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Joe Biden announces he won't run for president

Andrew Prokop is a senior politics correspondent at Vox, covering the White House, elections, and political scandals and investigations. He’s worked at Vox since the site’s launch in 2014, and before that, he worked as a research assistant at the New Yorker’s Washington, DC, bureau.

Vice President Joe Biden announced today that he will not run for president in 2016.

Biden said he had concluded that the window for mounting a realistic presidential campaign had closed. He made the announcement in the White House Rose Garden, with President Obama by his side.

In a speech that often sounded like it could have been a campaign announcement — and perhaps was written for that purpose — Biden laid out his views on the political scene. He said he wanted to fight for the middle class, that there was too much big money distorting American politics, and that he wanted to push to find a cure for cancer, because "it's possible."

And though he didn't name Hillary Clinton, he took another shot at her. Clinton had said in the first Democratic debate that "the Republicans" were "probably" the enemy she was most proud of making during her career. In Biden's speech, he repeated a point he's made several times in the past few days — saying that Republicans shouldn't be treated as "enemies," and saying that they were instead "our opposition."

Biden's announcement makes clear that Clinton is the only establishment candidate

So far in this campaign, frontrunner Hillary Clinton's main threat has been a challenge from the left from Sen. Bernie Sanders. Sanders has proved more formidable than many expected, but many in the party believe his effort is ultimately doomed because Democratic voters will be reluctant to make a "democratic socialist" their nominee.

Other than Sanders, Clinton is facing only nominal opposition. She had deterred every single ambitious and longtime Democrat from running except for former Maryland Gov. Martin O'Malley, whose campaign has utterly failed to catch on. And though Jim Webb was initially viewed by some as a potential threat, he quit the Democratic race on October 20. So if something went badly wrong with Clinton's campaign, she could still be confident that she was likely to emerge on top.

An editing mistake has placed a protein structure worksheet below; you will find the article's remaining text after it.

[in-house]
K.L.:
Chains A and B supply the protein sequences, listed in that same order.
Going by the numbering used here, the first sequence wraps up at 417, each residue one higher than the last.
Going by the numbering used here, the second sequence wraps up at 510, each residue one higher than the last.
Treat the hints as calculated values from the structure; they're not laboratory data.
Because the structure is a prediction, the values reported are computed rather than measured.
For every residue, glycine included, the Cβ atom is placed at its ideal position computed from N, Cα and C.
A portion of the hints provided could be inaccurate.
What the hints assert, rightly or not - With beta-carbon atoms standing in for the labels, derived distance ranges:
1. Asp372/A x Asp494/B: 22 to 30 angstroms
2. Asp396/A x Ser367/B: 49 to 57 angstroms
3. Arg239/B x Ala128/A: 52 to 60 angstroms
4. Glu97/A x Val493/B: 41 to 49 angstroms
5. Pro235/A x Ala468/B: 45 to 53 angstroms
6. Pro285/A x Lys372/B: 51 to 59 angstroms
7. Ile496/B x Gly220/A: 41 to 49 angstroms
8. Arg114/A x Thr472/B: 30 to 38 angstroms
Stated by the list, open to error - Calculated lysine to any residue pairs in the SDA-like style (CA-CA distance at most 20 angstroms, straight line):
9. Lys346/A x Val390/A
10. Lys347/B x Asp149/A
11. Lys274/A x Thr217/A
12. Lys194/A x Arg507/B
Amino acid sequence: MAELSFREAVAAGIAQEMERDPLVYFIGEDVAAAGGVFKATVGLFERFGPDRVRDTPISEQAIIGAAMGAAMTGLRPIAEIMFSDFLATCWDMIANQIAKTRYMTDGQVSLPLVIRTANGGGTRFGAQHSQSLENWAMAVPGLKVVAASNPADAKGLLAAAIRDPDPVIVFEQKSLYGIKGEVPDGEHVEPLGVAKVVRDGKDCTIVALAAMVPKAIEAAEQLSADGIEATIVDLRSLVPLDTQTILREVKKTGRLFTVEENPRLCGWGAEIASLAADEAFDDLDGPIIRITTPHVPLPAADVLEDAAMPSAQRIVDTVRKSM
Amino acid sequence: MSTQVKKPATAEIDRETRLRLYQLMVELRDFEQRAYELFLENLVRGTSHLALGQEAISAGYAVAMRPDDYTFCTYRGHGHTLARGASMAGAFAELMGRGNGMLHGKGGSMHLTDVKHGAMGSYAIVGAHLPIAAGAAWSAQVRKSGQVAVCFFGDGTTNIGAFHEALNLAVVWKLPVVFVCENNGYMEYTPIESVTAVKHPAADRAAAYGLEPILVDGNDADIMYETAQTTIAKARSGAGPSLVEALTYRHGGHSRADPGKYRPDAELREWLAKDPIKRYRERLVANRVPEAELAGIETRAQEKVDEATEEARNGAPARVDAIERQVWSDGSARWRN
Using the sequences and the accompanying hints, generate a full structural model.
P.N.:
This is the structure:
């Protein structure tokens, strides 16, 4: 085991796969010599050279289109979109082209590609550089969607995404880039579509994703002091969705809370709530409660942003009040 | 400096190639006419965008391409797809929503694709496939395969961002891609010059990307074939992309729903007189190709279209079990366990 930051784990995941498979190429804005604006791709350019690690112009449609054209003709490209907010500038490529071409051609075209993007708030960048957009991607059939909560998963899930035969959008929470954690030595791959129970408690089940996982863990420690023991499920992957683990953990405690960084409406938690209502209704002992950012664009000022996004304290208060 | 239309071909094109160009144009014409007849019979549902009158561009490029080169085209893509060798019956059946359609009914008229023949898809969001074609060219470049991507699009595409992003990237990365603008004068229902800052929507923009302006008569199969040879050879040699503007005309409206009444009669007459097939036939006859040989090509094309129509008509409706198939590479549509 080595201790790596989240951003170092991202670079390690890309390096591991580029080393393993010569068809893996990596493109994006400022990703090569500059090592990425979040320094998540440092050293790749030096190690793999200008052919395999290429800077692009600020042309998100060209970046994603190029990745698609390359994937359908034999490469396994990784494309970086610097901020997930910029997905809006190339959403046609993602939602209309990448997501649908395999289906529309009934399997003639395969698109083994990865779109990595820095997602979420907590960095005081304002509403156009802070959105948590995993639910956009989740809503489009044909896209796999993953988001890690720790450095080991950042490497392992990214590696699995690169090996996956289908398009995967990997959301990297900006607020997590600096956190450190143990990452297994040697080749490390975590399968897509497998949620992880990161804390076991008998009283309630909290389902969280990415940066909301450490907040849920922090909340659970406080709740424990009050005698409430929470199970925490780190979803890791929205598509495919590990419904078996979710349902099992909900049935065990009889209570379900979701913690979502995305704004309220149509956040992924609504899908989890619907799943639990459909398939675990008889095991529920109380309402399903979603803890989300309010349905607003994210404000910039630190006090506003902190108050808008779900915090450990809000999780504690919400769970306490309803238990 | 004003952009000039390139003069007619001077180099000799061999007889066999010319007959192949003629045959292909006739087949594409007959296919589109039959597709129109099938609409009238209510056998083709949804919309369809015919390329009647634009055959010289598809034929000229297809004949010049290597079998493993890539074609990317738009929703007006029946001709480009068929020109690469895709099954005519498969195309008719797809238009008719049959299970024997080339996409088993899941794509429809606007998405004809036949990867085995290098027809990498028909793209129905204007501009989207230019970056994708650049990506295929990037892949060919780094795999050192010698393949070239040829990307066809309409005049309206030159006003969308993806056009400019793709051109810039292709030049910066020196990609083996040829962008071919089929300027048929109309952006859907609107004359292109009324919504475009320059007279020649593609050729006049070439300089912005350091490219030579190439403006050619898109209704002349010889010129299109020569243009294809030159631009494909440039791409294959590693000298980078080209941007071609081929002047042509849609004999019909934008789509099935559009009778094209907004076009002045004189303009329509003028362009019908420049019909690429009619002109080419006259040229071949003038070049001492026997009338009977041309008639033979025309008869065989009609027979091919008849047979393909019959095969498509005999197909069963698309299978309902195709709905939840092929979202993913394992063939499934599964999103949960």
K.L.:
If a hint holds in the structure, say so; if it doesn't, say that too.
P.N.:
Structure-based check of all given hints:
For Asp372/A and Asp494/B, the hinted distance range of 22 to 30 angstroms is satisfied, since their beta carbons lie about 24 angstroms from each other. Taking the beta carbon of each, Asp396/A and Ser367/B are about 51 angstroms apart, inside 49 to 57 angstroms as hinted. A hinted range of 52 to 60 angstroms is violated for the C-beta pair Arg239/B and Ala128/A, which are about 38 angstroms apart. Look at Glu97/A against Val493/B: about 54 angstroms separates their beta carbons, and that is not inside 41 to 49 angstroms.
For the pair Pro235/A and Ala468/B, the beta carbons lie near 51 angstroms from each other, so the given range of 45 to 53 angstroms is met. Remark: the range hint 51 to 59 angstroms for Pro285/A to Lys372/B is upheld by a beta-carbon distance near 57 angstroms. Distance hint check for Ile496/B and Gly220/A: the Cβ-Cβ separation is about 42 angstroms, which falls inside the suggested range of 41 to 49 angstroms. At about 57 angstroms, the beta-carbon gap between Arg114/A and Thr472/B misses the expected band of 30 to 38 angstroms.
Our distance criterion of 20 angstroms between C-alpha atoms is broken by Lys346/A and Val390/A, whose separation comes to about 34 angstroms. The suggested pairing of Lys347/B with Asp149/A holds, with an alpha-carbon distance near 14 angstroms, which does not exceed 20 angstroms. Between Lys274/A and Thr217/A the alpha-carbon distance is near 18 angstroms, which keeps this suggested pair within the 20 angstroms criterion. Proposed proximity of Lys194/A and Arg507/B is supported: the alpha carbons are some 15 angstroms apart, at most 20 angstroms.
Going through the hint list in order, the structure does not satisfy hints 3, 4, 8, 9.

Biden's entry into the race could have changed this. Though he faced a huge number of obstacles and would have started as an underdog, he at least was well-known to the Democratic electorate as well as the party's elites, and has the sort of résumé that past nominees have had. He would have been well-positioned as the insiders' second choice, should Clinton have lost support.

But there was little enthusiasm among voters or Democratic elites for a Biden candidacy

Yet despite the fact that the sitting vice president is seemingly a natural successor to President Obama, there's been little encouragement for a Biden campaign from Democratic elites, interest groups, or voters. Progressive activists are more excited about Bernie Sanders, while the party's mainstream has overwhelmingly fallen behind Hillary Clinton.

Meanwhile, Biden didn't seem to have an obvious policy-based case for why liberals should prefer him to Clinton, and his election wouldn't have meant a demographic first like hers would. He's culturally out of step with today's Democratic Party. And his very persona has made him difficult to take seriously — his jokey, unscripted, gaffe-prone style makes him a figure of fun to many.

Accordingly, he's been doing quite badly in the polls — according to the HuffPost Pollster averages, he trails Clinton by 30 points nationally and in Iowa, and by 20 points in New Hampshire (where Sanders has led many recent polls). This has been the case both before and after Clinton officially announced her candidacy. Though Biden's favorability ratings looked quite good this summer, it's unclear how long that would have lasted had he entered the partisan campaign fray.

Furthermore, it didn't look like Biden had a good opportunity in any early state. His allies had floated a strategy in which he'd focus on South Carolina, but he's doing just as badly in polls there, and the state's most respected Democrat, Rep. Jim Clyburn, said recently that Biden shouldn't run. And Biden is far, far behind both Clinton and Sanders in raising money and building a campaign organization.

Still, there was some nervousness in the party about Clinton's declining poll numbers — she now regularly trails Republicans in general election matchups — and her email scandal. So even if few party members would have endorsed Biden, some may have been quietly grateful that there was a potential alternative to Clinton in the race.

Now, though, that's not the case. It looks like Clinton, Sanders, or bust.

WATCH: Joe Biden laugh off a lie

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